San Jacinto College STEM graduate Keyla Ramirez.

Normally composed, Keyla Ramirez felt excitement bursting inside her. She had made it into a new year-long research program in Puerto Rico that would start immediately after she finished her bachelor’s degree.

The only problem: How would she break the news to her parents?

She could already hear their questions: “Aren’t there opportunities like that here? Why Puerto Rico?”

Home is where the start is

San Jacinto College STEM graduate Keyla Ramirez

Keyla Ramirez in Puerto Rico

Staying local was easy for Ramirez, a first-generation college student born and raised in Houston. After discovering her science bent in high school chemistry, she enrolled in San Jacinto College’s life science program in 2018.

San Jac was not only close and affordable but also the best foundation for her future. Under biology professor Dr. Tyler Olivier, she participated in service learning at Sheldon Lake State Park, where she surveyed birds and shoveled earth to make room for new prairie grasses.

Olivier called Ramirez a natural scientist — “curious, intelligent, and highly determined.”

“She always asked questions, sought answers, and proposed hypotheses in class,” he said. “I can’t recall a time when I passed Keyla’s lab bench and she and I didn’t engage in a biology conversation. I remember thinking, ‘Wow, she may be soft-spoken, but when she speaks, it’s relevant.’”

Ramirez also served as a chemistry lab assistant, setting up equipment, making reagents, and preparing labs for students. Thanks to plenty of hands-on lab skills, she felt ready for the next step.

To D.C. and beyond

In fall 2020, Ramirez started the University of Houston’s biochemical and biophysical sciences program. While San Jac had laid a solid foundation, she felt less ready for 100% online classes because of the pandemic. She missed talking to professors one-on-one and meeting her classmates.

When face-to-face classes finally returned, Ramirez pushed herself to make up for what she’d lost.

“I was way more extroverted than I usually am,” she said. “I made some friends in my classes, and I would form a little study group: ‘Let’s help each other with this.’”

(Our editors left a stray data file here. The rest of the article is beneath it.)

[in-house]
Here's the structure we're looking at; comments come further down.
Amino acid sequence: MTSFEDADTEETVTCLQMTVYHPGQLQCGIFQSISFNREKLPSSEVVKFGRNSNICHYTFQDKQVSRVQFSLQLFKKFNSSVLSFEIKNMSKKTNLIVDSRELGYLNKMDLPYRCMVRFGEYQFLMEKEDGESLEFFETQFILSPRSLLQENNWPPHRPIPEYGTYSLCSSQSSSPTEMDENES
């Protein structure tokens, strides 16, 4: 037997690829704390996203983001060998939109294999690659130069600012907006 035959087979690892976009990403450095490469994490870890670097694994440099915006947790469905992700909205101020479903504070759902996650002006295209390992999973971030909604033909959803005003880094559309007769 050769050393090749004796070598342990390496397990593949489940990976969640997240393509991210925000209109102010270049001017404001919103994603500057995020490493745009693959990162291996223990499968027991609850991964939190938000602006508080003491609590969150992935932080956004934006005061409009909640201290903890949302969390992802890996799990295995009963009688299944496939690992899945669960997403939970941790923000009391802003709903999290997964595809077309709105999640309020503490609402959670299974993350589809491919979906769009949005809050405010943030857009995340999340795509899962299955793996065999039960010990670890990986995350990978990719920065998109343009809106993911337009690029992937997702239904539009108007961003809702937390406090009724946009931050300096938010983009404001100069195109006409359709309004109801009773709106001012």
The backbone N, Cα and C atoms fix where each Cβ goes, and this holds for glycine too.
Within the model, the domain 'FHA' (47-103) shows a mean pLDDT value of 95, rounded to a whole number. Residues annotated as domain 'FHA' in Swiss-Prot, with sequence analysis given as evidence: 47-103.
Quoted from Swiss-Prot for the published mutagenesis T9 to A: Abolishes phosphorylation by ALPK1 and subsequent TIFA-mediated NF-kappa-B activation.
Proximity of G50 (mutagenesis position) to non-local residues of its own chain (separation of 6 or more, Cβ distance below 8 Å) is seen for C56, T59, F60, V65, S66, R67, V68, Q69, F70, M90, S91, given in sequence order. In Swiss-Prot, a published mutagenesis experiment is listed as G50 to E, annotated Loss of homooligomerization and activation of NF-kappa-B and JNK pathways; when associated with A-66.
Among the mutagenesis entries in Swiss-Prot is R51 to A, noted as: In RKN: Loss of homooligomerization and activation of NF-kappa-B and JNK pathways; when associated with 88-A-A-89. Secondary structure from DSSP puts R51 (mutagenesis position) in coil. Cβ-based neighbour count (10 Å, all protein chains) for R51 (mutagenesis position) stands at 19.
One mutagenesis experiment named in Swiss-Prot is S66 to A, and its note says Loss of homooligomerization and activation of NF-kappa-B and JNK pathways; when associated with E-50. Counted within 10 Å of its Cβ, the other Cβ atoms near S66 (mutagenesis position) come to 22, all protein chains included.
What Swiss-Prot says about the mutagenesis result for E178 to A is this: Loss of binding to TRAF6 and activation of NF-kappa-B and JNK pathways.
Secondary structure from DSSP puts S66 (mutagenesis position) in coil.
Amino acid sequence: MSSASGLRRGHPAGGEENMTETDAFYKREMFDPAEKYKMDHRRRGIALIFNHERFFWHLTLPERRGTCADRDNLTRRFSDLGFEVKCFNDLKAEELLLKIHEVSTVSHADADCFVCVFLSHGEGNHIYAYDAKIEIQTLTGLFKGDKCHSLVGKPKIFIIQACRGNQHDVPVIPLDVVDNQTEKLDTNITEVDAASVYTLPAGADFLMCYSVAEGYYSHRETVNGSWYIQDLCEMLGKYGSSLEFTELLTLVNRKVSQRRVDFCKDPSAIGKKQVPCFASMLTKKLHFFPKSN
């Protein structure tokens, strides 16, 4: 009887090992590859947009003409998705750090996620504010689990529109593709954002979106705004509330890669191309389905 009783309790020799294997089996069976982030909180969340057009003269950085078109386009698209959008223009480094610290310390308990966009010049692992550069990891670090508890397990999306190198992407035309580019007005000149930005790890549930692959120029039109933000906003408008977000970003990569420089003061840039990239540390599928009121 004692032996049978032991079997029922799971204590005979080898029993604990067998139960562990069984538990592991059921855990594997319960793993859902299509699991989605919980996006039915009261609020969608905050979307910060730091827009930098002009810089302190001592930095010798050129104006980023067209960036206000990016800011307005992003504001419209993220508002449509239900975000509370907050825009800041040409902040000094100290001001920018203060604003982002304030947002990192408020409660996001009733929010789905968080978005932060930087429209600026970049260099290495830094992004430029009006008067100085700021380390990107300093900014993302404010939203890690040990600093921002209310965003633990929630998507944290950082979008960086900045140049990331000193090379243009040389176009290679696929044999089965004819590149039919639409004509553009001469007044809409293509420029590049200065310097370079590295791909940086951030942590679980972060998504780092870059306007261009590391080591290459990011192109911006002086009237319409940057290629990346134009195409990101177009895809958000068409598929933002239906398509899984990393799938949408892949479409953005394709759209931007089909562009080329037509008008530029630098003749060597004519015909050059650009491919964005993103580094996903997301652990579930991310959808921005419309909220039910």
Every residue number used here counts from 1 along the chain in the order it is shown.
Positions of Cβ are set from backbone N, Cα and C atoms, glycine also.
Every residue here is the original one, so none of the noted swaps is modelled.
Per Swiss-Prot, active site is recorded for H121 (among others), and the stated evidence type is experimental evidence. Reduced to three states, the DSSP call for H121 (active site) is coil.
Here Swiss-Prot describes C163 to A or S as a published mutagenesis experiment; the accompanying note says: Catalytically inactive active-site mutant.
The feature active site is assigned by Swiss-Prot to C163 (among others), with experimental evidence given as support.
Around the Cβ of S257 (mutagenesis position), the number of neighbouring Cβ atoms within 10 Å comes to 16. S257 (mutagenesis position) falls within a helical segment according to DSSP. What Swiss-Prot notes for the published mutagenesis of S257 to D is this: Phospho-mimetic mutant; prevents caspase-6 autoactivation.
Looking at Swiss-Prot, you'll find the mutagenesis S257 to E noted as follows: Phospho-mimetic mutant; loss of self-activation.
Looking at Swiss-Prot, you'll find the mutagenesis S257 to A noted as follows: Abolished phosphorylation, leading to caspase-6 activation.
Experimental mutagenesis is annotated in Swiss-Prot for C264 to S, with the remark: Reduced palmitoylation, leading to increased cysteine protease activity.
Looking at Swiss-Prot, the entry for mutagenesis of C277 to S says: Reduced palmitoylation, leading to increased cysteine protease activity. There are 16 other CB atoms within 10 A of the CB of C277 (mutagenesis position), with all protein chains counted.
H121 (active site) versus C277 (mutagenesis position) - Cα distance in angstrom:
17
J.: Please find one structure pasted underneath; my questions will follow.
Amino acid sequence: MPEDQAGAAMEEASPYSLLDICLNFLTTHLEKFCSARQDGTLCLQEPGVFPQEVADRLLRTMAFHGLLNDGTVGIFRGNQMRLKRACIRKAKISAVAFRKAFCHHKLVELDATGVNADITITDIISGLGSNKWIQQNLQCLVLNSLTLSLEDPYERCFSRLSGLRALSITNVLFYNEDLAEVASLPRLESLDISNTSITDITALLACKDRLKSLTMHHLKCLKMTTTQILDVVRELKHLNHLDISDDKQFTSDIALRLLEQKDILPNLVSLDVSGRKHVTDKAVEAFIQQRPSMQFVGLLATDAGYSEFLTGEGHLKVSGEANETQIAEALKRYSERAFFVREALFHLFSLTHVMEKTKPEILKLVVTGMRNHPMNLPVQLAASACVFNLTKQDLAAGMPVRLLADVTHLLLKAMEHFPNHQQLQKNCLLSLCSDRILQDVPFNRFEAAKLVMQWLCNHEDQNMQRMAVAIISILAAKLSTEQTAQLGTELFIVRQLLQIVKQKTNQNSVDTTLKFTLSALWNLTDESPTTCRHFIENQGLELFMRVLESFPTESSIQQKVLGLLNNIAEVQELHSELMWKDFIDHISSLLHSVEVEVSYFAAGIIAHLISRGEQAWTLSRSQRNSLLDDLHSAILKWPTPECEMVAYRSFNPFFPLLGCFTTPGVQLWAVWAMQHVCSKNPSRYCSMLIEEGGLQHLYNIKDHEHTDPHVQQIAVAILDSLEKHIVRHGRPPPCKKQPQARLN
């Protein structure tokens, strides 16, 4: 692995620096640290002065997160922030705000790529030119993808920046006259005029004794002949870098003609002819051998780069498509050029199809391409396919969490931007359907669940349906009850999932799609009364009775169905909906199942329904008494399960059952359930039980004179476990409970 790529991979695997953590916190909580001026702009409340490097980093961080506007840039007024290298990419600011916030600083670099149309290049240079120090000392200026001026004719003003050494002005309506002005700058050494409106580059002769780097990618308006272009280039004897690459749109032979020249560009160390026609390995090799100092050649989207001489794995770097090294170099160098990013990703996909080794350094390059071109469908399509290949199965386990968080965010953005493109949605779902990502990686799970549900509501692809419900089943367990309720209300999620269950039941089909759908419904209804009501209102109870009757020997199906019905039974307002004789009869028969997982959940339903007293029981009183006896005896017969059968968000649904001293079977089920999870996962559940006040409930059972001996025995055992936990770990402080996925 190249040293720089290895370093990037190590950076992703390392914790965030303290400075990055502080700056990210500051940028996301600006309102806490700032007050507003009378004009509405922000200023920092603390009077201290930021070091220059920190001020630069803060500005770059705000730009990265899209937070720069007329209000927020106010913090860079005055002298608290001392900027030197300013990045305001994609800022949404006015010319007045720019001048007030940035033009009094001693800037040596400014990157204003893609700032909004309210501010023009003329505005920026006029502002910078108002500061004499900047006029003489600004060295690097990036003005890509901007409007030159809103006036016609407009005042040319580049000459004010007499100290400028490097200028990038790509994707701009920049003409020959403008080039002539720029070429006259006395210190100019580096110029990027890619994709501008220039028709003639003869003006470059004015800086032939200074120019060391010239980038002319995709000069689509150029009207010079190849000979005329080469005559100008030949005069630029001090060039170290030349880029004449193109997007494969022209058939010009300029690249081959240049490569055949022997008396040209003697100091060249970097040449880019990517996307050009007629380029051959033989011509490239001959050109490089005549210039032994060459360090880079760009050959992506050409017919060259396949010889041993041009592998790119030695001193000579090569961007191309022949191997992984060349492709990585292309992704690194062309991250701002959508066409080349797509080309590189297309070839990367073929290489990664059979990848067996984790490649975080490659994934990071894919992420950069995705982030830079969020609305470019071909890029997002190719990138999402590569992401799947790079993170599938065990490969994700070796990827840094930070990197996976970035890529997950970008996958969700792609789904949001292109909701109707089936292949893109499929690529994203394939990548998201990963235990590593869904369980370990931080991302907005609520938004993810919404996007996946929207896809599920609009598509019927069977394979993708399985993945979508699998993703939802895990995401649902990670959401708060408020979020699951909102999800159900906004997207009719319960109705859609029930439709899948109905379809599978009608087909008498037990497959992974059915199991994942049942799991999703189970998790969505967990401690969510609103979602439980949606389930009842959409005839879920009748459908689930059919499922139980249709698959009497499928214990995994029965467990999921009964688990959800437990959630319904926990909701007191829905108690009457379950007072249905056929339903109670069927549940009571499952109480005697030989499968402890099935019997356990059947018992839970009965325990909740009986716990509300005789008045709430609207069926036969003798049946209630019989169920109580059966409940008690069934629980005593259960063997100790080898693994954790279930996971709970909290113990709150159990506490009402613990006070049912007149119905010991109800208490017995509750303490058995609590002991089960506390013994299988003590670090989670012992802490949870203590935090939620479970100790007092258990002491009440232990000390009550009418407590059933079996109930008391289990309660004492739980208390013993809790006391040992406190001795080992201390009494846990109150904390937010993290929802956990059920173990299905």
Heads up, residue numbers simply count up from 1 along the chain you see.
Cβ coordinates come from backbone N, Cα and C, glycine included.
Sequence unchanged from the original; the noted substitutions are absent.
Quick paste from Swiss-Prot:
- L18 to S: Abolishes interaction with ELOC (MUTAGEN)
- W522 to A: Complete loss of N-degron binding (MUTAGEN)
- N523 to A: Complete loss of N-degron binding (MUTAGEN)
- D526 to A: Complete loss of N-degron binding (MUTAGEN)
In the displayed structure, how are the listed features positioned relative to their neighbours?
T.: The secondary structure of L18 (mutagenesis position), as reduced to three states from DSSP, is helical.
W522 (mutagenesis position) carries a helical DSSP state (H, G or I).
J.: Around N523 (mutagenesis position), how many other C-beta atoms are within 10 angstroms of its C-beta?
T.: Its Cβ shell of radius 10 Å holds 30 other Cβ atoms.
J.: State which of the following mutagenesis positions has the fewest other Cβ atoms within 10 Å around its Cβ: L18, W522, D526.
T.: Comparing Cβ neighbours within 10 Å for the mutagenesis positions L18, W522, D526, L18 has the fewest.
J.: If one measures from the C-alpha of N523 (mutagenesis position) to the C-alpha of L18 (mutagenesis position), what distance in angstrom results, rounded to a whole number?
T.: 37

In summer 2021, Ramirez participated in Rice University’s nanotechnology research experience for undergraduates, working alongside a researcher in a Rice lab.

Almost two years later, despite feeling nervous, she presented at the Emerging Researchers National Conference in STEM in Washington, D.C. There, she learned about RaMP-UP, the Research and Mentoring for Post-baccalaureates in Biological Sciences at the University of Puerto Rico, Río Piedras Campus. Should she go after it?

“It was a big change moving from Texas to Puerto Rico,” Ramirez said. “I decided to apply … to see what would happen. The worst they could say was no, and then I could move on to something else.”

Instead, she soon found herself boarding a plane to Puerto Rico.

Change of scenery

From June 2023 to May 2024, Ramirez numbered among 10 Bachelor of Science graduates in RaMP-UP’s first cohort, pursuing paid research experience that would translate to graduate programs and STEM careers.

Although not her first pick, Ramirez worked in the breast cancer lab. From maintaining and growing cells to doing computational analysis, she studied the role estradiol plays in the p38 MAPK pathway in triple-negative inflammatory breast cancer.

She deepened her data analysis, critical thinking, and even communication skills as she presented to audiences without any cancer research background.

“I was able to explain everything so they could follow the thought process of my research,” she said. “That made me feel empowered. I knew what I was talking about.”

Ramirez never pictured doing cancer research in Puerto Rico, but this experience has sparked a different career plan — “creating new therapeutic advancements to combat cancer.”

Chasing the future

Why Puerto Rico? Ramirez can answer that now.

RaMP-UP not only stretched her independence but also gave her a new vision. Once, she had imagined becoming a medical doctor. Thanks to starting local at San Jac and chasing distant opportunities in Puerto Rico, she has learned how much she enjoys behind-the-scenes research. After working for a year, she may pursue a Ph.D. in cell biology.

Sometimes you have to travel far to discover what’s around the corner.

“I’m glad I took this opportunity to see what could happen,” Ramirez said.  

By Courtney Morris